It is both incredibly encouraging and nerve-racking to see the room filled to capacity, and then another 15 or so people trying to get in. It was standing-room only at the back, and the same was true for Robin’s vRNI talk.
Getting started is always the hardest part, but once I was into the swing of it, I forgot about time and nerves and just went all-in on the knowledge. I didn’t even watch the timer counting down.  My talk was pretty dense and I feel I have a pretty intense style of speaking. I try to scan the room and look people in the eye. I hope that keeps peoples attention. One thing I regret is not having some humorous moments in my slide deck. I need to take a page from Joep and include some memes next time :p
I tend to move around a lot, but the size of the room did not allow for much lateral pacing. Probably a good thing. You don’t want to remain hidden behind the lectern, but you don’t want to obscure the beamer either. I will take this into account with my slides next time; leave some space for my ‘shadow’ if needed.  I was very happy the venue had provided fresh water behind the lectern. But a bottle would have been more practical than the glasses we had. I will take a bottle with me next time. Your mouth will dry out :p

To my surprise, I seemed to stay inside the time perfectly, but I was not entirely sure. I was expecting (and dreading) questions, but I only got 1, which was customer-related and kinda drew a black for me in the moment. (why did our customer choose NSX). It was not the kind of question I had been expecting, and regretfully I had to admin on the spot that I did not know. I actually did remember later, but my mind was focused on product facts, not customer politics.

I asked the room for more questions.. silence. “Ideas?” ..  “did you like it?!” .. and the whole room made enthusiastic and acknowledging noises. That was the best moment of the day 🙂
I heard later, via others, that it had indeed been very well received by people. It also reminded me that is really not enough NSX experience out there right now, and many people are curious.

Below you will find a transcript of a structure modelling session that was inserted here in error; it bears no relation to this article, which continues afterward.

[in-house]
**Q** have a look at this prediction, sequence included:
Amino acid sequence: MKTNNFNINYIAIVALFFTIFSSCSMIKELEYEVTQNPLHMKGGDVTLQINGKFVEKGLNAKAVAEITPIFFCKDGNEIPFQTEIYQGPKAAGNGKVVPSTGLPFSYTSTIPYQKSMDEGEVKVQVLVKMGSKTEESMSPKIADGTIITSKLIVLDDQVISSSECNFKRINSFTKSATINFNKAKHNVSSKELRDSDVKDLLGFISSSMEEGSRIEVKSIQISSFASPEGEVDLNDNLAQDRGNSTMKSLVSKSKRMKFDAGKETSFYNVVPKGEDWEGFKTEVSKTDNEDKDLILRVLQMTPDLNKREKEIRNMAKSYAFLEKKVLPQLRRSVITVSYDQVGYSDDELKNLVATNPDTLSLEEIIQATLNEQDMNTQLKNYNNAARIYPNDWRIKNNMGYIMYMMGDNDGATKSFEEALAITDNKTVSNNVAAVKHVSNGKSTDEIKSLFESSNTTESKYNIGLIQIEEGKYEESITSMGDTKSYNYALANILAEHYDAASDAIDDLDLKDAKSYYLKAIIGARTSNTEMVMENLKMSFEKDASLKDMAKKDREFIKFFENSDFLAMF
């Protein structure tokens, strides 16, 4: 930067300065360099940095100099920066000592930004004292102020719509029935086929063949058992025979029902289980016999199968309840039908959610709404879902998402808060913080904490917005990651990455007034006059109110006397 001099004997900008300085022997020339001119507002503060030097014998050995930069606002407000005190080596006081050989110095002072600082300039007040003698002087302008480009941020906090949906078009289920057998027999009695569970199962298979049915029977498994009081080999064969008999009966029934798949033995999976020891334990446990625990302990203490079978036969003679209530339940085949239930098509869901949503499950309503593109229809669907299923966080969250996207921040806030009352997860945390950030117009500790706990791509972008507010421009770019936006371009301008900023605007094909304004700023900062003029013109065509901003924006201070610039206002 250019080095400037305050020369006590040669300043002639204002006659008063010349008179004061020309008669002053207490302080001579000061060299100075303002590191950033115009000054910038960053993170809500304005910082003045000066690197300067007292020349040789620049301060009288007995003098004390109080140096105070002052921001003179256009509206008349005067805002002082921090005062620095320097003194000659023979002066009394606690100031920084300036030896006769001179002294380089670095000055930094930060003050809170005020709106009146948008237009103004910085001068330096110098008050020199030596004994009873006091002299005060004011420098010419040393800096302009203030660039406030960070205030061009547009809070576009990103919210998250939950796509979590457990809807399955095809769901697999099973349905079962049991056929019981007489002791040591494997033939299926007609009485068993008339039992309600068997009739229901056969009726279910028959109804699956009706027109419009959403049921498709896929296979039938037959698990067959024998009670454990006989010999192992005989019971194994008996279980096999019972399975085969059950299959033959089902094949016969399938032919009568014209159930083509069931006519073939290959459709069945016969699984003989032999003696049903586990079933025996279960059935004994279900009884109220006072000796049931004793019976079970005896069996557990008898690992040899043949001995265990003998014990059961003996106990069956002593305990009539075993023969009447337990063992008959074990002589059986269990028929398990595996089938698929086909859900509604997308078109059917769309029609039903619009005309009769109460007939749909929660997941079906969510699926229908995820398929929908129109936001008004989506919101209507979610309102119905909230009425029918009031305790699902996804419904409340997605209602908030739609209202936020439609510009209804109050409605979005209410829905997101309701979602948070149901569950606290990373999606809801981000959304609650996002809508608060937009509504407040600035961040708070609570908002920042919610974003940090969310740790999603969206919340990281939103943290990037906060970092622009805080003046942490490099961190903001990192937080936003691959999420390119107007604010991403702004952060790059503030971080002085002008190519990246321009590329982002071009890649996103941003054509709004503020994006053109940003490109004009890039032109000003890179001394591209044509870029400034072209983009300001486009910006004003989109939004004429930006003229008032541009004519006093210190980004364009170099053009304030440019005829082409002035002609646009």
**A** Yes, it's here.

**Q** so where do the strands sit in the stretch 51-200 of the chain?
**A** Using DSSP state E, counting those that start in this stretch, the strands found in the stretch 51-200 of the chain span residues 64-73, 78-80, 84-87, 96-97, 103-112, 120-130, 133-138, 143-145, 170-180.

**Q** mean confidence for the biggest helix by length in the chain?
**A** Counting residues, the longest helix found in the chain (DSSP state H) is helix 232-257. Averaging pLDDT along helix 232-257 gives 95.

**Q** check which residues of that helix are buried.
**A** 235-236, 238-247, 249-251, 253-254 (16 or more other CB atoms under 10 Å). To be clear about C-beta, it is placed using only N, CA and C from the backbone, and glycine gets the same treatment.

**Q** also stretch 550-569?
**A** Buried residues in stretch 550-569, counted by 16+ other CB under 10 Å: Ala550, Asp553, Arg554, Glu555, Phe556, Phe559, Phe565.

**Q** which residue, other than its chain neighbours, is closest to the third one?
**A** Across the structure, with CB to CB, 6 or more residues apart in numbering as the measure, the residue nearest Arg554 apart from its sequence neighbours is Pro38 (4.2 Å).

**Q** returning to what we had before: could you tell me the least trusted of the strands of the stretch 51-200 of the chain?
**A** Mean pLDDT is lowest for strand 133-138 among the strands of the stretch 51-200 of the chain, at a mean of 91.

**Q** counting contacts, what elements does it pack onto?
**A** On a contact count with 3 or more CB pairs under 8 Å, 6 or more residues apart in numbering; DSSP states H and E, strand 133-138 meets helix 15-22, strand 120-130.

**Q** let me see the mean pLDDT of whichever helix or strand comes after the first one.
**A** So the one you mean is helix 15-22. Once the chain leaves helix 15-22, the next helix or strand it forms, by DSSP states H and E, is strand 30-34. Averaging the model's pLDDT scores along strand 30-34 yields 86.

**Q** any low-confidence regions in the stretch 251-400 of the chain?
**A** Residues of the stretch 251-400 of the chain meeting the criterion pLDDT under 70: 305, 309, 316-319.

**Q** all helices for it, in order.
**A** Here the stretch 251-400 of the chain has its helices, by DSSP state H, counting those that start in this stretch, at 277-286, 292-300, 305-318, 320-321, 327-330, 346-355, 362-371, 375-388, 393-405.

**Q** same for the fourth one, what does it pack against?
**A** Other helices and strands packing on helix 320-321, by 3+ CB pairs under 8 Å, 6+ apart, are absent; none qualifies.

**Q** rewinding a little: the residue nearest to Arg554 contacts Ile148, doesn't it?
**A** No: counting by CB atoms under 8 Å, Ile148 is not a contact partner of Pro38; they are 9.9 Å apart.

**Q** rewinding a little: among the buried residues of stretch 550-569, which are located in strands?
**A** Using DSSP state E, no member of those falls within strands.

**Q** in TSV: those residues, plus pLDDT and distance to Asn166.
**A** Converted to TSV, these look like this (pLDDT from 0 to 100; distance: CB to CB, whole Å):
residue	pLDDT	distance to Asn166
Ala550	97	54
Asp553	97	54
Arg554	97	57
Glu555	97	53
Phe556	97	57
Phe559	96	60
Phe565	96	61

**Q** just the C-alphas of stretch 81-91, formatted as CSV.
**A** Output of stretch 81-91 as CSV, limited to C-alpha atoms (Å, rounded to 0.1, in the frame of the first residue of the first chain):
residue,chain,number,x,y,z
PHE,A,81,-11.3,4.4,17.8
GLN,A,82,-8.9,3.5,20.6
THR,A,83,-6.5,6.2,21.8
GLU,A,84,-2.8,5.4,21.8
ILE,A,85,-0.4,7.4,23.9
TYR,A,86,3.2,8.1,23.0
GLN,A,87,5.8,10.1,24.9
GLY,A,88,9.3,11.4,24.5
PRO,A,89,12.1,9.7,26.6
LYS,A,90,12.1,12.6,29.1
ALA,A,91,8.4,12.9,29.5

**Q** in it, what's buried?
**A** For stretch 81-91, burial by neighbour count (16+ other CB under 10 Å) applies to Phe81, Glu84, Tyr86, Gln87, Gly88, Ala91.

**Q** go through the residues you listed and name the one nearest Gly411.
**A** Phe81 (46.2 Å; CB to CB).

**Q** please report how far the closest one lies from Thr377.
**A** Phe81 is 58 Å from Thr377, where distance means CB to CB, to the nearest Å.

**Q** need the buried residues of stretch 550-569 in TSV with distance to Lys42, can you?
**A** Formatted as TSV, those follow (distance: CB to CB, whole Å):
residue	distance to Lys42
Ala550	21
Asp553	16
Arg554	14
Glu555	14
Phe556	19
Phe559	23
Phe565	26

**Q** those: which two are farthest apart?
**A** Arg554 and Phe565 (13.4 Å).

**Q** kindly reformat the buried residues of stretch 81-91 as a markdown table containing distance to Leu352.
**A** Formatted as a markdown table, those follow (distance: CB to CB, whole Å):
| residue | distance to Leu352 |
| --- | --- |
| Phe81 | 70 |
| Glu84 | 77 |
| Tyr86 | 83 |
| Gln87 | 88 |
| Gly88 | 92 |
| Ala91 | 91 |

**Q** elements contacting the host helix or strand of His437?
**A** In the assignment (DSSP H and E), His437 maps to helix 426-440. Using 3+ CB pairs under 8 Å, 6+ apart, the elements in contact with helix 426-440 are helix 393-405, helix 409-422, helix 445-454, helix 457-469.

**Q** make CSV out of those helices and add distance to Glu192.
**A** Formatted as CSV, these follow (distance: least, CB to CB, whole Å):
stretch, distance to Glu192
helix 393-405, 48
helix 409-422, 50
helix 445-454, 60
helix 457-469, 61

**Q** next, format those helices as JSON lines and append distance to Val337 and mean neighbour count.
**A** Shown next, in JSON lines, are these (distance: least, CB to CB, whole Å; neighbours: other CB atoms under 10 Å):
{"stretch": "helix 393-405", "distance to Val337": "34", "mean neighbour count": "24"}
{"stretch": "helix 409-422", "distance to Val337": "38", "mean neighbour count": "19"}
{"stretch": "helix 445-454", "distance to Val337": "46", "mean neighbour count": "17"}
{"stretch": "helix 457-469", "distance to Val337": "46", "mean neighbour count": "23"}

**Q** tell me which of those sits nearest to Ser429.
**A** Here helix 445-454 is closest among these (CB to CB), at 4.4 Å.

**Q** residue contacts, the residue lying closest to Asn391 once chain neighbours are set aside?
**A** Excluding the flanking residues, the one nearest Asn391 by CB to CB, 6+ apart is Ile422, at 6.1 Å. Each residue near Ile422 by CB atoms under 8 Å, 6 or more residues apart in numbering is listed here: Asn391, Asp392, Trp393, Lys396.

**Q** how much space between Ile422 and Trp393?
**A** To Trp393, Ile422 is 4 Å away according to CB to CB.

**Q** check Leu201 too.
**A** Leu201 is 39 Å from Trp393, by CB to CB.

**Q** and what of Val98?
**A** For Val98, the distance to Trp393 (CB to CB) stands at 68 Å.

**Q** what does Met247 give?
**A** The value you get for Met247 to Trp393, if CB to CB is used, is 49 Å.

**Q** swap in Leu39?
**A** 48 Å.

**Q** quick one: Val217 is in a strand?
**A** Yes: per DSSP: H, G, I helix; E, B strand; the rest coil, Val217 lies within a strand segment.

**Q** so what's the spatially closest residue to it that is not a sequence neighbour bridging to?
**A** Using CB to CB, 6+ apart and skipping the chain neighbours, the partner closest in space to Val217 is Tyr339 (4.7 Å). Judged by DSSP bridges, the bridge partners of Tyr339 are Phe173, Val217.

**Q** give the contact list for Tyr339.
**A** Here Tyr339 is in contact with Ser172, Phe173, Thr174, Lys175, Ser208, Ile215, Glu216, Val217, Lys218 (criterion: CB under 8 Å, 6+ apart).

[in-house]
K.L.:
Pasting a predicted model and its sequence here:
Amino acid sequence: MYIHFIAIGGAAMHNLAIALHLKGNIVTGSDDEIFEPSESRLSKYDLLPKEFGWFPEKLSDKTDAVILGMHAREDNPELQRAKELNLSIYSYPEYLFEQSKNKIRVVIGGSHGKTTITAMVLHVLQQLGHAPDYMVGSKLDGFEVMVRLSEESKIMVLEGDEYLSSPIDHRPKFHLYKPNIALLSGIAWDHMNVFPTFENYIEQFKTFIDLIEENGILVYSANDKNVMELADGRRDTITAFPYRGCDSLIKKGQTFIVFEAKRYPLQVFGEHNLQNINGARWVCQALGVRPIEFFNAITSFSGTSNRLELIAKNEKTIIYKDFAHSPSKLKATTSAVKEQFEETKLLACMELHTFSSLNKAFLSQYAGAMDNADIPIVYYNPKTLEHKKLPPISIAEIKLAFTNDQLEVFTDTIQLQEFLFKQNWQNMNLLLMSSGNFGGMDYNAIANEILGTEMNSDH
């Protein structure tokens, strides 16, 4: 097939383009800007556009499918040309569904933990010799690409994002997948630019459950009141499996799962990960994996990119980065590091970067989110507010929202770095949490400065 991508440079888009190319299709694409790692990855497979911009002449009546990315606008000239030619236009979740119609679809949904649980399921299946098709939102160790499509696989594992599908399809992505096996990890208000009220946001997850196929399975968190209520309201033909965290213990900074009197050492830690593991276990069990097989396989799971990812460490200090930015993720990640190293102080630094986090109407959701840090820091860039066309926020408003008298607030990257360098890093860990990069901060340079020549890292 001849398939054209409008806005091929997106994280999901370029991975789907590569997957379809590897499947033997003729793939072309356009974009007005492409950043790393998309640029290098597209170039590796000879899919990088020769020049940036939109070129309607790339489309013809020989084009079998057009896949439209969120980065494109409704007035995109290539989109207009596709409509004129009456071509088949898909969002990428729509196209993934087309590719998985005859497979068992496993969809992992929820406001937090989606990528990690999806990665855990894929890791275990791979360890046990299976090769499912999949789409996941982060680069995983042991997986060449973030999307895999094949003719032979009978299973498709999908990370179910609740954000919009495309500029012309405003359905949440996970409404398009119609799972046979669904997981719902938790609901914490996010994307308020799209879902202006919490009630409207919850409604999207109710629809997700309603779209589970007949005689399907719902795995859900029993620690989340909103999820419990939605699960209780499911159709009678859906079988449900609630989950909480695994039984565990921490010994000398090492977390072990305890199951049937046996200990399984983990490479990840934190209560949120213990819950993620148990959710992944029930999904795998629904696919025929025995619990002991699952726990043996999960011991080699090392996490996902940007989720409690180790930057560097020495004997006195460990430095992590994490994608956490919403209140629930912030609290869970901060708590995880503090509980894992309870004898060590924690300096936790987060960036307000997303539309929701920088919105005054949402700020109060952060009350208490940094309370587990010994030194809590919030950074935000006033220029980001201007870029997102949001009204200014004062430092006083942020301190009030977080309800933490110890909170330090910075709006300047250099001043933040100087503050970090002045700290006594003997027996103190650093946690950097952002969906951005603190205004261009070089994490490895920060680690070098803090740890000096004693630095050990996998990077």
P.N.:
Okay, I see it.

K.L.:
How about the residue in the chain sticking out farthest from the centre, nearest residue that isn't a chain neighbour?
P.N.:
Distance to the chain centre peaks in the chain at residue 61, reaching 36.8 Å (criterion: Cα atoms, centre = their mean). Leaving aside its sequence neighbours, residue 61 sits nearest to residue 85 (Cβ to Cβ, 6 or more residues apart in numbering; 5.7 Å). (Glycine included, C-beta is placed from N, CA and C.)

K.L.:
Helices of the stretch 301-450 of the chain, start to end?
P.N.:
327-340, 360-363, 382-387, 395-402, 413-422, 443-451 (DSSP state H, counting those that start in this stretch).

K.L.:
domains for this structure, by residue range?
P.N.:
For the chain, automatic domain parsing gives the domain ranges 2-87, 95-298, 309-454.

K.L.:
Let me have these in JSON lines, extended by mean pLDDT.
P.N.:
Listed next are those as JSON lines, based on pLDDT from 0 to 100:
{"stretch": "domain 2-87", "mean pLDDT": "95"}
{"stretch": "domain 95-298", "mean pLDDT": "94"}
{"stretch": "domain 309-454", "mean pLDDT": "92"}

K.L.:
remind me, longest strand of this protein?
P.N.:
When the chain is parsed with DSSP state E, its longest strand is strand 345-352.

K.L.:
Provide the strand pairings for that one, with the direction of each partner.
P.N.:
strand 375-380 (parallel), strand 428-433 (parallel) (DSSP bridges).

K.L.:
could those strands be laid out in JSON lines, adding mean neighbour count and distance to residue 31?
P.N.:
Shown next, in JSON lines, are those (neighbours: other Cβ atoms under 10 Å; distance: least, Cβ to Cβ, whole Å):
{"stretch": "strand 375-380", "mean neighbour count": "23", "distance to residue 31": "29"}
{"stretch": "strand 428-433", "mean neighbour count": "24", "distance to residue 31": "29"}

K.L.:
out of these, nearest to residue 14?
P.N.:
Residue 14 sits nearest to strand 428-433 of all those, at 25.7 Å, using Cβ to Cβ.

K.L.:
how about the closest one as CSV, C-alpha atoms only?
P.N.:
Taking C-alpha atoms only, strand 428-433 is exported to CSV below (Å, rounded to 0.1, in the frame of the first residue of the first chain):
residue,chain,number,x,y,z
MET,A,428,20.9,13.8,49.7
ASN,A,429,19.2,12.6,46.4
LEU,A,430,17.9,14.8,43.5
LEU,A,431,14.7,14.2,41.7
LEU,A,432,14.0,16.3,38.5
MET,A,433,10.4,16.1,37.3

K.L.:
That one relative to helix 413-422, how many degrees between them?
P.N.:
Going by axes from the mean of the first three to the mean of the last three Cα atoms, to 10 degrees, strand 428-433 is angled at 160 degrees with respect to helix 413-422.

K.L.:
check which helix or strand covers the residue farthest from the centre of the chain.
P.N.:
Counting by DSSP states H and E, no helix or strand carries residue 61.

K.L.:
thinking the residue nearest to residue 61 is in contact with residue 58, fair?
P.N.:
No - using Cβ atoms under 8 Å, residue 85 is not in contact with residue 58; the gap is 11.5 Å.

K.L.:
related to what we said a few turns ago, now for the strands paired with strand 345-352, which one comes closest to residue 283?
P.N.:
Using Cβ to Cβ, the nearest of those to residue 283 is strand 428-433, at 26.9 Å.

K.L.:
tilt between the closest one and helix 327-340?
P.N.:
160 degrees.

Also Robin’s talk about vRNI, just after and right next door time mine, was very well attended, with lots of interest. Again a packed and overcrowded room.  He managed to cram in slides and material and exposition, and 4 demo-movies, and stayed right inside 20 minutes. Very impressive!  And demo’s of a product are always very popular, even if they are recorded. It should be noted he recorded these himself, in our own lab. They where not VMware-provided.

The rest of the day was much like any other conference day.. attending sessions, checking hands, live-tweeting, getting plied by vendors, hunting for food and snacks, and networking. I had been invited to a vExpert lunch with Frank Denneman, but I totally forgot about it.  We did have a nice buffet afterwards with the other speakers, and I had some great convos there with folks from ITQ. The day was exhausting but a huge amount of fun, best NLVMUG I have been to, and higher on my list than even VMworld so far.  I will certainly want to speak next year again, and perhaps at other places and events, my mind is already churning with what my next talk will be about!

I will be writing some upcoming blog posts about our NSX experiences, based on my presentation.

VMware Cloud on AWS – More details emerging

Wednesday, March 15th, 2017

—Update 21st March, vBrownbag episode on AWS that these slides are from, is now posted on youtube:

— Update 15th March ~5pm CET, added some extra info and clarified some points—

More details regarding VMware Cloud on AWS are starting to come out of VMware. Tonight I attended an awesome  #vBrownbag webinar on #VMWonAWS,   hosted by Chris Williams‏ (@mistwire) and  Ariel Sanchez‏ ( @arielsanchezmor).

Presenting where Adam Osterholt (@osterholta) Eric Hardcastle (@CloudGuyVMware) and Paul Gifford @cloudcanuck

Here are some of the slides and highlights that stood out for me. Information is not NDA and permission was given to repost slides.


VMware Cross-Cloud Architecture. A nice slide that summorises the VMware strategy going forward. Expect VMware cloud to pop up in more places, like IBM Cloud. More info about VMware cloud strategy here

Important to note here, is that this is a complete service offering, meaning its fully licensed. You do not need to bring your own licenses to the table. So you get the full benefit of technologies like vSAN and NSX as part of the offering.

Skillsets.. this is a huge selling point. Many native cloud deployments require your admins to know AWS or cloud-native specific tools and automation scripting languages. VMware Cloud on AWS (VMWonAWS) removes that barrier-to-entry completely. If you can administer a VMware-based cloud stack today , you can administer VMware Cloud on AWS.

You have access to AWS sites around the world to host VMWonAWS. What is to note however is that, because these are vSphere clusters on bare-metal, where you instantiate your VMware environment is where you are bound in certain ways.

Initial roleout will be Oregon. The followed by an EMEA location. Sometime around mid-2017.  (from announcement to GA in about a year.. not bad!!)